ILOILO – Farmers in the northern towns of Sara, San Dionisio, Concepcion, and Ajuy reported rice black bugs in their fields. These pests feed on rice plants from their seedling up to the maturity stage. They are highly destructive and thrive in well-irrigated but poorly-drained areas.
There were also sightings in the municipality of Banate, according to Elias Sandig Jr., assistant department head of the Provincial Agriculture Office (PAO).
But so far, the farmers have not complained of damage to their standing rice crops, much to the relief of the PAO.
The goal for now is to endeavor to stop the spread of the rice black bugs, Sandig said.
For rice black bug infestation, PhilRice’s Crop Protection Division recommends the use of light traps because the bugs are strongly attracted to high intensity light.
Light trapping of insects should start five days before and after the full moon, experts recommend. Use 2,000-3,000 watts or super light during outbreaks and set them up every night to obtain the most number of bugs.
Effective light trapping is from 8 p.m. to 12 midnight, according to experts.
Flooding, herding of ducks in the field, and sanitation also prevent pest infestation.
PhilRice advises farmers to flood the field to submerge pest egg masses. Eggs that are submerged for more than 24 hours will no longer hatch.
Ducks also feed on the bugs. However, herd the duck in the field a month after transplanting or when the plants are established.
Farmers must also clean their field by removing the weeds as these serve as alternate hosts of the rice black bugs.
Rice black bugs can cause discoloration on rice plants’ leaves and they would look wounded because of the lesions present on them. Affected plants or crops would turn reddish brown or yellow in color.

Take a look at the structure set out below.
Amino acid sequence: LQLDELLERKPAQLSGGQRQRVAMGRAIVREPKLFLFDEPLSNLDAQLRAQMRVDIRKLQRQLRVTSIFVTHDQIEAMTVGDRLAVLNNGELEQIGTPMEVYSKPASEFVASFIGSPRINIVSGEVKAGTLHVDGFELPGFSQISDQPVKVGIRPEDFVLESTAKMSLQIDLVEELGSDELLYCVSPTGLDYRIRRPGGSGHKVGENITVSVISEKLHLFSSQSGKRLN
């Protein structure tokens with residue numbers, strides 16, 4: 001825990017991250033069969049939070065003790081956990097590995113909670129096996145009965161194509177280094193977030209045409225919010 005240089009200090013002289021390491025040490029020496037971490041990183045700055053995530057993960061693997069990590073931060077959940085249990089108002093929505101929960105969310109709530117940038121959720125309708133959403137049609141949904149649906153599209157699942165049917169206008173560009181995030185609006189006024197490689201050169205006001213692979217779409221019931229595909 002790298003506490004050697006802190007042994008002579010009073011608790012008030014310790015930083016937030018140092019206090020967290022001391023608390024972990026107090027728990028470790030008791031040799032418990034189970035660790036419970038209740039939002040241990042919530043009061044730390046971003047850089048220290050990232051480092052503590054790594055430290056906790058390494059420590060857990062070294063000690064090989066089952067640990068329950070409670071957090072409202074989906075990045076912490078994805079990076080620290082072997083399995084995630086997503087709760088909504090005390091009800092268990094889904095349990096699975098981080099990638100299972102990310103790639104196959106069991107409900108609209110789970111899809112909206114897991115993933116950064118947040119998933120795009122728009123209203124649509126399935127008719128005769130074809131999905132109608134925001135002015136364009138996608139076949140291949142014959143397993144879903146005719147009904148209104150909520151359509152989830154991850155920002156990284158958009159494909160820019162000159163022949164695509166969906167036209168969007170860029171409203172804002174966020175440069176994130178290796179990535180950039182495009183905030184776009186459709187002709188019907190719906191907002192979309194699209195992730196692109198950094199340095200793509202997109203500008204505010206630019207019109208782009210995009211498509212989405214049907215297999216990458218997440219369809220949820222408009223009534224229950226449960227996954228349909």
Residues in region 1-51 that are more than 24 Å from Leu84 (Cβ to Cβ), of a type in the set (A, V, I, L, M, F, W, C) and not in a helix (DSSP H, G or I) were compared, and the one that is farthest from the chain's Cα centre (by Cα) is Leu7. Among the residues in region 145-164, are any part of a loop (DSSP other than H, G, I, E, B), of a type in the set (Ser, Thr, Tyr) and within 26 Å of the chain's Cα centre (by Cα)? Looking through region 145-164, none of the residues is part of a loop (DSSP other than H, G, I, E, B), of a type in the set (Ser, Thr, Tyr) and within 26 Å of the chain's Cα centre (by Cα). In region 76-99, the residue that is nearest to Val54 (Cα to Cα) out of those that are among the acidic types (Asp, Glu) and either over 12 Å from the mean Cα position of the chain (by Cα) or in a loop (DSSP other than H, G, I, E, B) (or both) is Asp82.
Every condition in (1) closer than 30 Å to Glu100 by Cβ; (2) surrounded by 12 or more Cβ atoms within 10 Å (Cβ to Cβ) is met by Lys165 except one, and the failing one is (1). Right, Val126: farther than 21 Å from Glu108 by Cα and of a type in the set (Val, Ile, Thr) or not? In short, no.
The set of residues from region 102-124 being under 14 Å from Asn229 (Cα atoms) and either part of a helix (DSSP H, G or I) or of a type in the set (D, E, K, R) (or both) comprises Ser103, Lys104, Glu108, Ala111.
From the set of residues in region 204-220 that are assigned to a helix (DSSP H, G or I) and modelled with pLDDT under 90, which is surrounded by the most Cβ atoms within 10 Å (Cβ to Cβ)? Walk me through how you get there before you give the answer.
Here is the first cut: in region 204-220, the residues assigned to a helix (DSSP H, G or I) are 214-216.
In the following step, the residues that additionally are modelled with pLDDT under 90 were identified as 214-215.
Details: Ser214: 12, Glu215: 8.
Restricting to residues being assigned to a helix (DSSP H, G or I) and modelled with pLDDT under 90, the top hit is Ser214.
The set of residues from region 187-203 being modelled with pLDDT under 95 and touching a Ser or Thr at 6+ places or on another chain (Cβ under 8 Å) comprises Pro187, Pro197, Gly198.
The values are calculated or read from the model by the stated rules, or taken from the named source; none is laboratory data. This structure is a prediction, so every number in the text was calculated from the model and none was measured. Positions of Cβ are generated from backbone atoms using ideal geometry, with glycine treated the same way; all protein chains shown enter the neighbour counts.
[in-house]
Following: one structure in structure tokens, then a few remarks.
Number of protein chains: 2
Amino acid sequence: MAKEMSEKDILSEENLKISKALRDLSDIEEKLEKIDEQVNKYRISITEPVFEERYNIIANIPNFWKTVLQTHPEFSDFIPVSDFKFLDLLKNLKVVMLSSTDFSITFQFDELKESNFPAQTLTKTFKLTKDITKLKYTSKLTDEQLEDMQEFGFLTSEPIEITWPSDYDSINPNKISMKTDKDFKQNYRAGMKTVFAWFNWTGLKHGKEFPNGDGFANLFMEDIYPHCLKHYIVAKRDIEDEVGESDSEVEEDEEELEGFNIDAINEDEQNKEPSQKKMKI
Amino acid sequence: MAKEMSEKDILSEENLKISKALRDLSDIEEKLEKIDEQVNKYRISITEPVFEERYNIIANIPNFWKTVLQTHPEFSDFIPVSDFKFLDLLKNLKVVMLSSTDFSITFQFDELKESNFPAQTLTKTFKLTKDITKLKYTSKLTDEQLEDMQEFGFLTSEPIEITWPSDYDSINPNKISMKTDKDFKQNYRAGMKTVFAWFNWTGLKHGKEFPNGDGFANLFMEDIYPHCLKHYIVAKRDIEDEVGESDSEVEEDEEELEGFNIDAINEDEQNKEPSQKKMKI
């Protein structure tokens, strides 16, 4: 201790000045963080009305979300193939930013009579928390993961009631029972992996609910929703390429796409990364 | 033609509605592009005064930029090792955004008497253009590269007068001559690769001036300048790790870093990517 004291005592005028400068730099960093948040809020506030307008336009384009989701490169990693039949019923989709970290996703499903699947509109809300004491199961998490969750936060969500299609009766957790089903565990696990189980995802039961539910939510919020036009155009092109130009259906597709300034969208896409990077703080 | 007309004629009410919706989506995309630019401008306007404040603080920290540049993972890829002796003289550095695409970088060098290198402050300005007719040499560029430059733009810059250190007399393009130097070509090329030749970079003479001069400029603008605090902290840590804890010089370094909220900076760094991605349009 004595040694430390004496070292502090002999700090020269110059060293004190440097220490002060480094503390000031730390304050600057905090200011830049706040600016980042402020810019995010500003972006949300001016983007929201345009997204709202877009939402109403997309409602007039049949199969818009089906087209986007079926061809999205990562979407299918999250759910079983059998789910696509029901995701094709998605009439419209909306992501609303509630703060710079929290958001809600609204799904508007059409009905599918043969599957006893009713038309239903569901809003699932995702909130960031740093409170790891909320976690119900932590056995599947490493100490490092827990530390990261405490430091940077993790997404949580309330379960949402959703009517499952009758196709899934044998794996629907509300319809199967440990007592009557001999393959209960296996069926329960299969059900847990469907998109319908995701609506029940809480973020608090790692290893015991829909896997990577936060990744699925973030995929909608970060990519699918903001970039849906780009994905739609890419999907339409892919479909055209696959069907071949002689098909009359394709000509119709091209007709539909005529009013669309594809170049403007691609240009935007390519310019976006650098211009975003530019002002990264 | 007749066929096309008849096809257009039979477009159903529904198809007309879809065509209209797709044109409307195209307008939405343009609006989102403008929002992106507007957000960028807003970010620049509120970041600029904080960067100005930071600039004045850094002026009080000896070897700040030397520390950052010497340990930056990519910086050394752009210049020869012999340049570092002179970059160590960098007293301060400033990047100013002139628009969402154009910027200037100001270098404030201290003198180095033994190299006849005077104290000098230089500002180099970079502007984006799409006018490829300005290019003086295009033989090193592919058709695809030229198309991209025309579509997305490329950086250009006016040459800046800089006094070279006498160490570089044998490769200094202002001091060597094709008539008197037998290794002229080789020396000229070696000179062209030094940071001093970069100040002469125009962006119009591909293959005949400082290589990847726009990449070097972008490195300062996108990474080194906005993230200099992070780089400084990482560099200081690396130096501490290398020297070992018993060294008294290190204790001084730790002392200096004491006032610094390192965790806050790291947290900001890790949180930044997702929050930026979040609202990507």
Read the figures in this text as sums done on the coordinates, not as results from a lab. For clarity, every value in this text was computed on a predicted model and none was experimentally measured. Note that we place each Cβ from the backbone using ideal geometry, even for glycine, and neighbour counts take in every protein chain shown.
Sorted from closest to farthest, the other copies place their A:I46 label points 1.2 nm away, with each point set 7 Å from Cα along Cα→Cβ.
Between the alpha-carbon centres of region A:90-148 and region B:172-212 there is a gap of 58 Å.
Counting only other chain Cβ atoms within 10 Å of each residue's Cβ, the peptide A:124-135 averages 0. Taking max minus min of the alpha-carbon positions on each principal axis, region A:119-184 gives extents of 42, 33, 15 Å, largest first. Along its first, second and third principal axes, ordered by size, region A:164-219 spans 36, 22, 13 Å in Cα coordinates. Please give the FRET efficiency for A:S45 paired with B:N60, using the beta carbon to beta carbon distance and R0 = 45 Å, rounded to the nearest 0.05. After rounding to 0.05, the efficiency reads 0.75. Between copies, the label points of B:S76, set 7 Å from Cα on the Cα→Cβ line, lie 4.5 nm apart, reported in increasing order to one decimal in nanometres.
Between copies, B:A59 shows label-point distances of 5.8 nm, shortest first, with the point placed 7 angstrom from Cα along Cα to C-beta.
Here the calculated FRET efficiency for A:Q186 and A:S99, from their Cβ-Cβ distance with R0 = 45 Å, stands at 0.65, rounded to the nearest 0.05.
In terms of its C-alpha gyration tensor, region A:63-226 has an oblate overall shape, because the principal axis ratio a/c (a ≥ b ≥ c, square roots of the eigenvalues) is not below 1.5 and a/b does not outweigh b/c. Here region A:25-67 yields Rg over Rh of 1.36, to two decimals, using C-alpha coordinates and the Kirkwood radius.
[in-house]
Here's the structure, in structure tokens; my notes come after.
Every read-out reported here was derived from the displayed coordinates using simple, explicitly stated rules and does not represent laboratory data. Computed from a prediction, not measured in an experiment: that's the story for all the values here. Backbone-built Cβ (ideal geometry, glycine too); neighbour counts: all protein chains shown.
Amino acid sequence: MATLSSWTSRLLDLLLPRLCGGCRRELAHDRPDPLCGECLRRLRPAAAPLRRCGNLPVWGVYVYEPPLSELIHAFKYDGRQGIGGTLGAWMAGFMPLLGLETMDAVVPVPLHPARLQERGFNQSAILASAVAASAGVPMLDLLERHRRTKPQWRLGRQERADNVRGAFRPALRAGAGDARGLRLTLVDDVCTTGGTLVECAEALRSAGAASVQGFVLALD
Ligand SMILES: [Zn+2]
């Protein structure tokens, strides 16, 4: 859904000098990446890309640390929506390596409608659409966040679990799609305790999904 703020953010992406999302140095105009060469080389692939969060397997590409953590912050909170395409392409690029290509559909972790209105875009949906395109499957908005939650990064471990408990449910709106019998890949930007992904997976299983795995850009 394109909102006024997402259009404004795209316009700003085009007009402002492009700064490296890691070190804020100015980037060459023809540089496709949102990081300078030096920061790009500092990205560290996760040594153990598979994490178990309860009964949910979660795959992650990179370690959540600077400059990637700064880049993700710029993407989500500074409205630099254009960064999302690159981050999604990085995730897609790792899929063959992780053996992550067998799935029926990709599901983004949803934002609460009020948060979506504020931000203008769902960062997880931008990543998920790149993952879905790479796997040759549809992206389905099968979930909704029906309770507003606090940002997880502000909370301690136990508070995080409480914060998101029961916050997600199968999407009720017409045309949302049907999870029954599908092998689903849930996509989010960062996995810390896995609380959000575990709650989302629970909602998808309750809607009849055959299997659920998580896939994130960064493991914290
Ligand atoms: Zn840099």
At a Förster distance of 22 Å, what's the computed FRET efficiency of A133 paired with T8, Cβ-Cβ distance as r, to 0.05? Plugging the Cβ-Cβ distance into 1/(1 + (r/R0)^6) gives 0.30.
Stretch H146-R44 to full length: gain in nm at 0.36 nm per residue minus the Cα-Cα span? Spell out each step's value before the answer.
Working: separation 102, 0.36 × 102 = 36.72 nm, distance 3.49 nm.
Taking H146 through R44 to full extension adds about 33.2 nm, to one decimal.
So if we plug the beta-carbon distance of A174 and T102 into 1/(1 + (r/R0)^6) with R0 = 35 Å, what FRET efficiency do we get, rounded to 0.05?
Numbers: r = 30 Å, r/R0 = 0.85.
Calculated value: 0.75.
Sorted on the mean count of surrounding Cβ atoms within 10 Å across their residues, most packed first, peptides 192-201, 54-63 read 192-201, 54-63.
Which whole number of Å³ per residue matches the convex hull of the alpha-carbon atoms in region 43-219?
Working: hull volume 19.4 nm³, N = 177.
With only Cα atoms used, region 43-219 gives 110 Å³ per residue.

They would also appear stunted because the bugs sap the nutrients inside them which are essential for their seeding and growth.
The International Rice Research Institute has the following suggestions to determine if rice plants are being attacked by black bugs:
* Check leaves for discoloration. Black bug damage can cause reddish brown or yellowing of plants. Leaves also have chlorotic lesions.
* Check for decreased tillering. Bugburn symptoms show wilting of tillers with no visible honeydew deposits or sooty molds.
* Plants are also stunted; and can develop stunted panicles, no panicles, incompletely exerted panicles, and unfilled spikelets or whiteheads at booting stage.
* Check for deadhearts.
Deadhearts can also be caused by stemborer. To confirm cause of damage, pull infected plants. In black bug damage, infected plants cannot be pulled at the bases.
Heavy infestation and “bugburn” is usually visible after heading or maturing. (Sources: PhilRice, IRRI, topbest.ph/PN)